Horse remedy: what explains this expression?


Ally of man in war, in politics and in job, the horse was one of the first animals to be the subject of works veterinarians. From antiquity to the industrial revolution, a sick or injured equine always wore prejudice to its owner, hence the need to provide care. Considering the size and strength of the mammal, it is no wonder that treatments mighty were administered to him.

A horse remedy for humans?

We use the expression “a horse remedy” to designate a treatment. hard and severe but effective. The phrase implies that great means are deployed to fight an evil. A horse remedy therefore refers to powerful but necessary therapies to treat these animals. bulky and resistant. Applied toman, the formula implies that a drug ordinary is not enough to cure an illness or injury, hence the introduction of “horse treatment” or “horse medicine”.

Cure a horse fever

If a treatment radical is administered to an equine is that it is proportional to the health problem to be solved. A horse rises quickly and very hard in temperature and this outbreak usually reveals serious ailments, capable of generating serious consequences. So, to heal a horse fever – another common expression – a treatment is prescribed sufficiently energetic to put the animal back in the saddle! As they say, with great evils the great remedies …

How about an elephant remedy?

One can legitimately wonder why an expression describing a drastic treatment uses the horse and not another species, like theelephant where the Lion, which are animals also known for their strength. Because, domesticated for thousands of years, the equine has been part of the day-to-day of man. The vigor of the care he needs is at the height of his ardor, his courage and his resistance foolproof. From qualities that the quadruped demonstrated by participating in the many epics of man. History indeed testifies to the unique aptitudes of the horse which was in turn an animal:

  • Of war. Its first use in war dates back over 5,000 years. Later, the Romans clearly associated the horse with the warlike function, as opposed to the donkeys and mules which were used by fields. In Europe, different breeds were used for purposes military, depending on the nature of the conflict and the missions to be entrusted to it: the animal was then mounted or driven, used for reconnaissance, charges, raids, communication, supplies …;
  • Prestige. Considered an animal Politics, the horse represented in the Middle Ages the power of a government, conferring presence on its rider, man of war and member of a elite. With each war won, the victors paraded on their mounts in front of the people. The emblematic animal of the chivalry had to keep his rank and as such, benefited from the most attentive care;
  • Working. In the civil field, the equine has long been used for agricultural work, then industrial work, as well as for the transport of people and goods. The first industrial revolution did not do away with the horse that pulled both wagons in the mines and the omnibuses in the cities.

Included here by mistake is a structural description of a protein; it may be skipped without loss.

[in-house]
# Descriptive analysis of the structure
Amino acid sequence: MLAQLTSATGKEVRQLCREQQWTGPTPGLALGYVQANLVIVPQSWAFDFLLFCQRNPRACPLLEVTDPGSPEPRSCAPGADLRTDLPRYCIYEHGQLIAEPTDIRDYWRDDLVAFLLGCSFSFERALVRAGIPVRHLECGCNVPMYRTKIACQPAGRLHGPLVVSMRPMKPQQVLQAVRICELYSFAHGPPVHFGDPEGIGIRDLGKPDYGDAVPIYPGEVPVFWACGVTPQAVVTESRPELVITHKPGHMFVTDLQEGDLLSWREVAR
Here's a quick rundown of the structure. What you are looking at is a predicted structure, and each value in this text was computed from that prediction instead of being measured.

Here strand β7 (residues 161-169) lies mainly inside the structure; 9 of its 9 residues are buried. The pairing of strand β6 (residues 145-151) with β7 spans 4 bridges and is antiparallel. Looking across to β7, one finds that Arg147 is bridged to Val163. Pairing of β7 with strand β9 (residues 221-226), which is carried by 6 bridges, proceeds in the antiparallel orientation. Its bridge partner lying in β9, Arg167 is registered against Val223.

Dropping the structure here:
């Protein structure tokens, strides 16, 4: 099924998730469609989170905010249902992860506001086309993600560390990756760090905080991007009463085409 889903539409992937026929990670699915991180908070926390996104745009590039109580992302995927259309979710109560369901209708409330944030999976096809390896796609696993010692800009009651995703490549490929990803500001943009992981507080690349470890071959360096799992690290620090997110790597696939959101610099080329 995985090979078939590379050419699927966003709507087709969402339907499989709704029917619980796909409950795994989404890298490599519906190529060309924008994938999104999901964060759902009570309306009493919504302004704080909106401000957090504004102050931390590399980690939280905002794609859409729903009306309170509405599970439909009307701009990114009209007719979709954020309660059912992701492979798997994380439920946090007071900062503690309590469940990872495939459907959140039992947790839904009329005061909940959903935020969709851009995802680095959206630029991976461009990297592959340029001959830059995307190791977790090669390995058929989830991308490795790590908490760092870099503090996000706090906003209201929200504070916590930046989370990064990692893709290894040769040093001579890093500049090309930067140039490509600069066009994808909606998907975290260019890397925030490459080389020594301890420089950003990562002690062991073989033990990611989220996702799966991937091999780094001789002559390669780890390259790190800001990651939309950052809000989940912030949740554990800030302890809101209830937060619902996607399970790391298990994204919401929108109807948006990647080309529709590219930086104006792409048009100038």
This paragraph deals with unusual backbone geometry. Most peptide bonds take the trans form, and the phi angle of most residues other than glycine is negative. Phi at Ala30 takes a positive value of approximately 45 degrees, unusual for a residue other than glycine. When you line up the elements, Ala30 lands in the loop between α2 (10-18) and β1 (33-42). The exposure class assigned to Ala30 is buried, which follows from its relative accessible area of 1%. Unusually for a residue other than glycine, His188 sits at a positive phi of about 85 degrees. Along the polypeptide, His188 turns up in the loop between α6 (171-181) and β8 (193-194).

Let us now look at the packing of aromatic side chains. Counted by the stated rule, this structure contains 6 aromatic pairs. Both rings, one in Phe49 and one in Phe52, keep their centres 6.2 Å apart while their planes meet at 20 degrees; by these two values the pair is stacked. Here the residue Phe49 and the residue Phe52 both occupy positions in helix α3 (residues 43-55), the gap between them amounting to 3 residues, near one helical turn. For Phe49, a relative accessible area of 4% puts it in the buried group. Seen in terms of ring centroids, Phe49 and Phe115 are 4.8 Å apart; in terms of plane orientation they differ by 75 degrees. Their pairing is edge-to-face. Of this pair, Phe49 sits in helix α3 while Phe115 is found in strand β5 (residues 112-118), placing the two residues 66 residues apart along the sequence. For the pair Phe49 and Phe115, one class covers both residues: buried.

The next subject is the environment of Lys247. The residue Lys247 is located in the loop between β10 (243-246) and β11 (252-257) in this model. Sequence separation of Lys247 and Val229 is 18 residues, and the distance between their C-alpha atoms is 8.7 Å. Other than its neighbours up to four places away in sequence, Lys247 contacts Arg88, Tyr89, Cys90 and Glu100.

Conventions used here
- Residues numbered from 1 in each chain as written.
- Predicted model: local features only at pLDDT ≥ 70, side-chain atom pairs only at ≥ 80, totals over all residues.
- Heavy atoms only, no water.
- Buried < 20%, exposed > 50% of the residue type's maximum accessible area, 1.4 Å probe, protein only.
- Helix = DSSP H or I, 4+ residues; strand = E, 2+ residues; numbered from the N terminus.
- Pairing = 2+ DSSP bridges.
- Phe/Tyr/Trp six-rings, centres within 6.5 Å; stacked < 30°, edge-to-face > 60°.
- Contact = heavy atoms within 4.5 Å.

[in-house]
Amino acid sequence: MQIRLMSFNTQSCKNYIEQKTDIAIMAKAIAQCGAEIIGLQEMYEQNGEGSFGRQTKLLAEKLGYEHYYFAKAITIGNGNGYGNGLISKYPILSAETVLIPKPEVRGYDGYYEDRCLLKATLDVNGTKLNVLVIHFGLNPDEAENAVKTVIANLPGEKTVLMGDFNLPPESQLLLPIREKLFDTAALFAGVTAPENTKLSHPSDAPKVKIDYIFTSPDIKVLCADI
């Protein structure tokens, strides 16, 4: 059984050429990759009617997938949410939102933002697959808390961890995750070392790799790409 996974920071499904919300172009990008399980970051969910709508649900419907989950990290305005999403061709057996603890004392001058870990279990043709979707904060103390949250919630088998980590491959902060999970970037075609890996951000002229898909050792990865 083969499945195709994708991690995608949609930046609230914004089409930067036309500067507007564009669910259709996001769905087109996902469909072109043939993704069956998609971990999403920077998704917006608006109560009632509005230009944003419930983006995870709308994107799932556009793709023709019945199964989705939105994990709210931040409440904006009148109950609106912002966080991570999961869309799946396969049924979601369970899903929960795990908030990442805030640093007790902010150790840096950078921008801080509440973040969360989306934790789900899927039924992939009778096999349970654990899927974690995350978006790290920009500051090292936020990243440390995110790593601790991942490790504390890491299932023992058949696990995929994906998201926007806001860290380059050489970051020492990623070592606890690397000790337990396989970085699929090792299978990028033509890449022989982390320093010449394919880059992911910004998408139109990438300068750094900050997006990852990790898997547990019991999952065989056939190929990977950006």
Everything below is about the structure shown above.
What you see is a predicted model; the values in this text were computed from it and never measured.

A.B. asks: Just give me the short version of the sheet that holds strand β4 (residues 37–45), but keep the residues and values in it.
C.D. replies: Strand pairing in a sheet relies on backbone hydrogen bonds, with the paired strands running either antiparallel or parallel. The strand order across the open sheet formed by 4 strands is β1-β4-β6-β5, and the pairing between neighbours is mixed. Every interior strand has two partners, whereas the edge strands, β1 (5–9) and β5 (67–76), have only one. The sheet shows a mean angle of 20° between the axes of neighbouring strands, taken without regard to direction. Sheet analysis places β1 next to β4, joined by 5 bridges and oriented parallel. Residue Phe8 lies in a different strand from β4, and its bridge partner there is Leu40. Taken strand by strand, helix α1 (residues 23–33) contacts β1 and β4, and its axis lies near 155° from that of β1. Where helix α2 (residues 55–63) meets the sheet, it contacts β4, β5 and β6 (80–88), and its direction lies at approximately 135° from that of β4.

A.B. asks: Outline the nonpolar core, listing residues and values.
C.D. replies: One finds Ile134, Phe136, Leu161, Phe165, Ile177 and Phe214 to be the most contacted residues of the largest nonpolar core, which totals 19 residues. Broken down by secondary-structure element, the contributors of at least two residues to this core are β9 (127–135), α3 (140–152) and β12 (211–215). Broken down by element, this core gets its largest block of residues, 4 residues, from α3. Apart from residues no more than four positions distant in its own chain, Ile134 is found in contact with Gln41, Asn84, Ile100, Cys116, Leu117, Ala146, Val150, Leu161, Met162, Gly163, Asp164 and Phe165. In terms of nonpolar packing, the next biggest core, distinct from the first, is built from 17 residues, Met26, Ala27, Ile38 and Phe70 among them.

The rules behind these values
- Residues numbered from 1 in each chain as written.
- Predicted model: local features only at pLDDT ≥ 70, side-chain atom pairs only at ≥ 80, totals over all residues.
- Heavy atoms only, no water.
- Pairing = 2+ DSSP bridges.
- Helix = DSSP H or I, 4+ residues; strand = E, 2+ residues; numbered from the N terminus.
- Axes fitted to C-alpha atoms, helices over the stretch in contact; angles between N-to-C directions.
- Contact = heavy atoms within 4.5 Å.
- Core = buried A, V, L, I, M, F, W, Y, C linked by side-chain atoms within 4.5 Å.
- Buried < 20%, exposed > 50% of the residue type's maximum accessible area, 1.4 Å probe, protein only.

The horse, energy to spare

It is easy to understand that great means were used to heal such a powerful animal. But how bad was he? In the XVIIIe century, James Watt intended to sell steam engines from his company to industrialists and farmers to run their workshops and agricultural machinery. The Scottish engineer then imagined creating a unity understandable to its customers to compare the two sources of energy, machine and animal. He then used horses to pull a rope to lift heavy loads on a pulley. The force required to accomplish the task was then quantified in number of equines. From there was born the horsepower, a measure still used today to describe the power of motor vehicles.

Treat or shoe? Both my marshal!

With regard tousefulness horse for man since Antiquity, a inability in animals caused significant damage to their owner: drop in production, market value, loss of prestige, etc. prejudices motivated the deployment of treatments which, at the time, seemed appropriate to solve equine health problems. In the Middle Ages, it was farriers that fell the mission of looking after the horses of the stud farms, of the princes, of the army or of the quidam. These men became such important figures that veterinary medicine was called farrier. Unfortunately, a large number of practices implemented by these craftsmen-healers, such as bloodletting, turned out to be barbarians.

Towards a (worthy) horse remedy …

In the Age of Enlightenment, the Count of Buffon, naturalist, deplores that the health of the horse “has been left to the care and the practice of people without knowledge and without letters. “In 1750, Claude Bourgelat (French squire and veterinarian) publishes a work dealing with horse science under multiple aspects (physiology, pathology, hygiene, therapy …) His medicine is then in every way opposed to tradition empirical cultivated by farriers and with “recipes” such as drinks, powders, ointments, poultices and other fumigations. Wanting to offer a institution to a knowledge which seemed worthy of it – the art of healing the horse’s body – he founded the first two veterinary schools in the world: in Lyon in 1761, then in Maisons-Alfort in 1765. The squire thus participated in the birth of the equine medicine, replacing the magical rituals of yesteryear with real horse remedies!